AMO committed to supporting AOC in promoting optometry and eyecare knowledge and skill development programmes in Asia.
The Association of Malaysian Optometrists (AMO) is a professional optometrist organisation under the aegis of the World Council of Optometry (WCO) and Asia Optometry Congress (AOC).
AMO President Ahmad Fadhullah Fuzai said: “AOC is a platform for the Asian optometry profession and service and consists of several Asian optometry organisations under its umbrella.
“AMO represents Malaysia under AOC, and we actively collaborate with AOC to support and implement optometry and eyecare activities and programmes organised in the Asian region.”
AMO, formed in 1984, functions as a platform to connect optometrists throughout Malaysia and to promote and encourage the advancement of the science of optics in its application to the preservation of sight. It also advocates and protects the optometrist profession’s rights and the public’s best interest for eyecare in Malaysia.
“Our role under AOC includes facilitating the organisation of events and disseminating information and knowledge to AMO members. AMO is therefore honoured to co-organise the 3rd AOC conference on Nov 15-16, 2022.
“It aligns with AMO’s commitment to providing continuous professional education to its members to advance the Malaysian optometry profession and services.
“We are very excited about this year’s conference as it is back to a physical format, which was initially postponed for the AOC conference in 2020 due to the pandemic,” said Ahmad.
“This will be the biggest AOC conference since the pandemic, and it has been well received by members and participants. Early registration for the conference was full within three weeks of its launch.”
Private and public collaboration is key
According to Ahmad, the private optometry practice and public health sector complement each other to improve general eyecare.
“We need a way for the public to clearly identify primary eye care centres to get comprehensive visioncare services.”
“It is in the public’s best interest to streamline the primary, secondary and tertiary eye care services between the private and public sectors.”
He said the level of integration is non-existent as the public eye care sector handles all levels of eye care services, from primary to tertiary care. He believes this is ineffective and defeats the purpose of primary eye care.
“Primary care is for early detection and intervention. However, people visit hospitals when they are already experiencing severe eye or vision problems.
“For example in the private sector, community optometry practices can provide effective primary care services to the public.
“We are the first meeting point for those who want to get their corrective lenses. Hence, we can create eye health awareness and provide comprehensive eye examinations, effectively detecting early symptoms of eye diseases or vision impairments.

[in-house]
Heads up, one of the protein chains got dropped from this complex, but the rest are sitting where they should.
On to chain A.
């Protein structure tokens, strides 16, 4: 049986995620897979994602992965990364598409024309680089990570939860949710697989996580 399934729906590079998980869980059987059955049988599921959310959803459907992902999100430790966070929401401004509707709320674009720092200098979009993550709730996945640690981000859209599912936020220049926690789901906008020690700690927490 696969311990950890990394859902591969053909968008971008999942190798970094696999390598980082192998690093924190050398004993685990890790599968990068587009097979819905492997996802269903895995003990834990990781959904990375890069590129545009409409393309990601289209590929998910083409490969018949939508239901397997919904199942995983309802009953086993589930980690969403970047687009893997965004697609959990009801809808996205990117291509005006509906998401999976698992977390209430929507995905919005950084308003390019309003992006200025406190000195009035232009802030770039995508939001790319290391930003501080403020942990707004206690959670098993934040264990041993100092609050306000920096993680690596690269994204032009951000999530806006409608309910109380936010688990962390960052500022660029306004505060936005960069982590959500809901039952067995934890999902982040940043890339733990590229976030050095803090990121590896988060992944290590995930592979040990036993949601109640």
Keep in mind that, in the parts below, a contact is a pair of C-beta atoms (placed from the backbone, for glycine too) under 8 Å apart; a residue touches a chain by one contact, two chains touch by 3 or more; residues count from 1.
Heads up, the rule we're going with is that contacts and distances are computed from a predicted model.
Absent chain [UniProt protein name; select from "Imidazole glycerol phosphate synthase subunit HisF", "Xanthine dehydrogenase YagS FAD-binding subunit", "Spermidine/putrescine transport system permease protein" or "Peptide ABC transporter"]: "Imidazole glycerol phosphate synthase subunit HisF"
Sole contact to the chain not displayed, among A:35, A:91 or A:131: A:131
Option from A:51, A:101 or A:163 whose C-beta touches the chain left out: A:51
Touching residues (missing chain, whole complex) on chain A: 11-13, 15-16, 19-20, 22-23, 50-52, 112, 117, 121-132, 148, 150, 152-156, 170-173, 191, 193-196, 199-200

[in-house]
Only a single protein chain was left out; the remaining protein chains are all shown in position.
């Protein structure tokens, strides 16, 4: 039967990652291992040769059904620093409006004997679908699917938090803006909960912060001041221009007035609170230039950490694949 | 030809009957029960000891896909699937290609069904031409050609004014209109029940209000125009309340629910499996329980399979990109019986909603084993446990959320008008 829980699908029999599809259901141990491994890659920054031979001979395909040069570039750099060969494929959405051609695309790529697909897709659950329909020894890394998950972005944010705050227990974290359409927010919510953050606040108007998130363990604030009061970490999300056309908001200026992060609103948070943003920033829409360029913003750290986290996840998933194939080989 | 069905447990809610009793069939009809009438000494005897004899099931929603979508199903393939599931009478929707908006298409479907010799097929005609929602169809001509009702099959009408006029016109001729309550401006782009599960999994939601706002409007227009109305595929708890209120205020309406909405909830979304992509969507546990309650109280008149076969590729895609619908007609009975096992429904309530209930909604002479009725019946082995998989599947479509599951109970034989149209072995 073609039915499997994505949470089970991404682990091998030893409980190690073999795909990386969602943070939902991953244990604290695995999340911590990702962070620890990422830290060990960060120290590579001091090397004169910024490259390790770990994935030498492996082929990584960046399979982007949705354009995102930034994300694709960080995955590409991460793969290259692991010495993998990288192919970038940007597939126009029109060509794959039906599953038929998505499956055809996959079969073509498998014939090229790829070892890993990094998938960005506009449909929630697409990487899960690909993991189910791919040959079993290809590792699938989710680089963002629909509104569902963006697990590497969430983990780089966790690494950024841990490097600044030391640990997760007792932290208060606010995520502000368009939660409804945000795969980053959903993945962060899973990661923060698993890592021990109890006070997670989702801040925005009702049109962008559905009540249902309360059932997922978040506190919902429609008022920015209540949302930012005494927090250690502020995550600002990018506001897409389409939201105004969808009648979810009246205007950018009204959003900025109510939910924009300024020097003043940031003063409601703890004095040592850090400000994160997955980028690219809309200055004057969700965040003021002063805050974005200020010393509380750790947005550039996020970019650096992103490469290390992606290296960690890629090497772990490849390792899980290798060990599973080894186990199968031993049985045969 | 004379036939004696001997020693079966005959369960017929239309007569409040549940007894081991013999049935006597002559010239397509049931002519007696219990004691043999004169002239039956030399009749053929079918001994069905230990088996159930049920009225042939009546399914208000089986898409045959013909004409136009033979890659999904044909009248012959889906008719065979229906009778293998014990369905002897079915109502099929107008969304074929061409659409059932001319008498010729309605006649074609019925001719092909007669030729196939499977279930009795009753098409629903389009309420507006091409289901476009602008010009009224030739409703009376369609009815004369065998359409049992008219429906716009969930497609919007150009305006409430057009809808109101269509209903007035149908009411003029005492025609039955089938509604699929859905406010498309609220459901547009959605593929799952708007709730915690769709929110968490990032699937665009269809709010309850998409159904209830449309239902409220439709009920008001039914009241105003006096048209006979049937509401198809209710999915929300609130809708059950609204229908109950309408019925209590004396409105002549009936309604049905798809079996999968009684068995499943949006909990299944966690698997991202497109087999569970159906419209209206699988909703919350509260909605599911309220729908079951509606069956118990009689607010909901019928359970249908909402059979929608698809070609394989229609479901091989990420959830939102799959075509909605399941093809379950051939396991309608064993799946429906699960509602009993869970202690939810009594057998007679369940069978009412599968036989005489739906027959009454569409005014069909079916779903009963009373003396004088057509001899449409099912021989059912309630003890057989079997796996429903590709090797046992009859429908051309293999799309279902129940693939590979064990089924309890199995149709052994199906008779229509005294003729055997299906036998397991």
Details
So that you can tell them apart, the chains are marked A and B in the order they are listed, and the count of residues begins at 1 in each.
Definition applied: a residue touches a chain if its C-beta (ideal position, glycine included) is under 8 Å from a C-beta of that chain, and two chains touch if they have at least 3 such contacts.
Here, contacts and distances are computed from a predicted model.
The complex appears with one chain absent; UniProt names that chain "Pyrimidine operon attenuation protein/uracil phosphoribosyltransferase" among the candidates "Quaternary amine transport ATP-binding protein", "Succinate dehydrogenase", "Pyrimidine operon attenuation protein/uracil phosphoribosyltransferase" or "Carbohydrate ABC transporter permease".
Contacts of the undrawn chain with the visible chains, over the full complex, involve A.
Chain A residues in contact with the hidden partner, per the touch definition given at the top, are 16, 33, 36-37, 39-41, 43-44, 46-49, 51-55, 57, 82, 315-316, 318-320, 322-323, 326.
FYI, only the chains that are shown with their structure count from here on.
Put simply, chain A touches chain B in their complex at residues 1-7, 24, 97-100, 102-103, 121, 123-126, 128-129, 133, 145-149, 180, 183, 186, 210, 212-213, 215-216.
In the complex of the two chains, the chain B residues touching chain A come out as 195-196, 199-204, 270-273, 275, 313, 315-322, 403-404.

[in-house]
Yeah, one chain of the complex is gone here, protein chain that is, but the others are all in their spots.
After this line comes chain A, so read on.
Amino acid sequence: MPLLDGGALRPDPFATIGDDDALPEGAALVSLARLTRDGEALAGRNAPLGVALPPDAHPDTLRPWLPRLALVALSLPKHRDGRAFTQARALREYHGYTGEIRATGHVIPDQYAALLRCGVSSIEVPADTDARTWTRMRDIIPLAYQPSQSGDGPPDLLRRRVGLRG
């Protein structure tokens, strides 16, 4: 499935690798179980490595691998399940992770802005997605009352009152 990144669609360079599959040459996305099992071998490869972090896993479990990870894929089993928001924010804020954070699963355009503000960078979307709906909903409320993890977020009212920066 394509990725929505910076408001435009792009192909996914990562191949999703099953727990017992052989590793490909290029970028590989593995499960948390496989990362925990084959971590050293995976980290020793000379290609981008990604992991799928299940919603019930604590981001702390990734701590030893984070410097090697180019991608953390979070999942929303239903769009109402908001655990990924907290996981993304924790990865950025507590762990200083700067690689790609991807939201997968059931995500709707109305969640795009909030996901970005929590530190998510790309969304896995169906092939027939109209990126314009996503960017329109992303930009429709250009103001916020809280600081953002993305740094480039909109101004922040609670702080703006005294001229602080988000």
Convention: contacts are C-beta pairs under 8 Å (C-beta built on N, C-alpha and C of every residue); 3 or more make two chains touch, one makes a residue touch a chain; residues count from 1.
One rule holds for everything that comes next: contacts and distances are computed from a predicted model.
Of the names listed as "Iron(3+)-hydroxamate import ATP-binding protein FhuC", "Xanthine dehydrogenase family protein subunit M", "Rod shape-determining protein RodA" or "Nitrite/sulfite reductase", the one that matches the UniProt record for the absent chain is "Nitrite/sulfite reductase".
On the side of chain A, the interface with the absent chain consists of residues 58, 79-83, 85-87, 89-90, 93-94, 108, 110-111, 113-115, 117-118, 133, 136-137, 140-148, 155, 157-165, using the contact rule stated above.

“At the primary care level, optometrists can also make early interventions for other health problems such as diabetic retinopathy and glaucoma.
“And for issues that require secondary or tertiary examination and treatment, we will provide an accurate and direct referral to the optometrist and ophthalmologist at the hospital.”
Pushing for equal recognition
There is a shortage of optometrists in the country despite having six higher education institutions that produce optometry graduates.
“We have three public and three private higher education institutions. These graduates expect to obtain a placement in the public eyecare sector and work in hospitals. However, there are limited vacancies in the public sector.”
The next option for the graduates, he said, would be to work in or open a private community optometry practice, which is currently registered and categorised as a spectacle shop under the Ministry of Housing and Local Government.
Hence, optometrists in the private sector are not recognised as certified health professionals, unlike those in the public sector. And this hinders community optometrists from providing effective eye care services to the public.
“When optometrists in the private sector are only considered shopkeepers, they find their expertise undervalued. And therefore, we see less intake for optometry in higher education institutions, especially in private education institutions.
“We need to address the inequality in recognition of optometrists between the private and public sectors. As President of AMO, I’m actively pushing for equal recognition, and I hope my efforts will be successful.” – AOC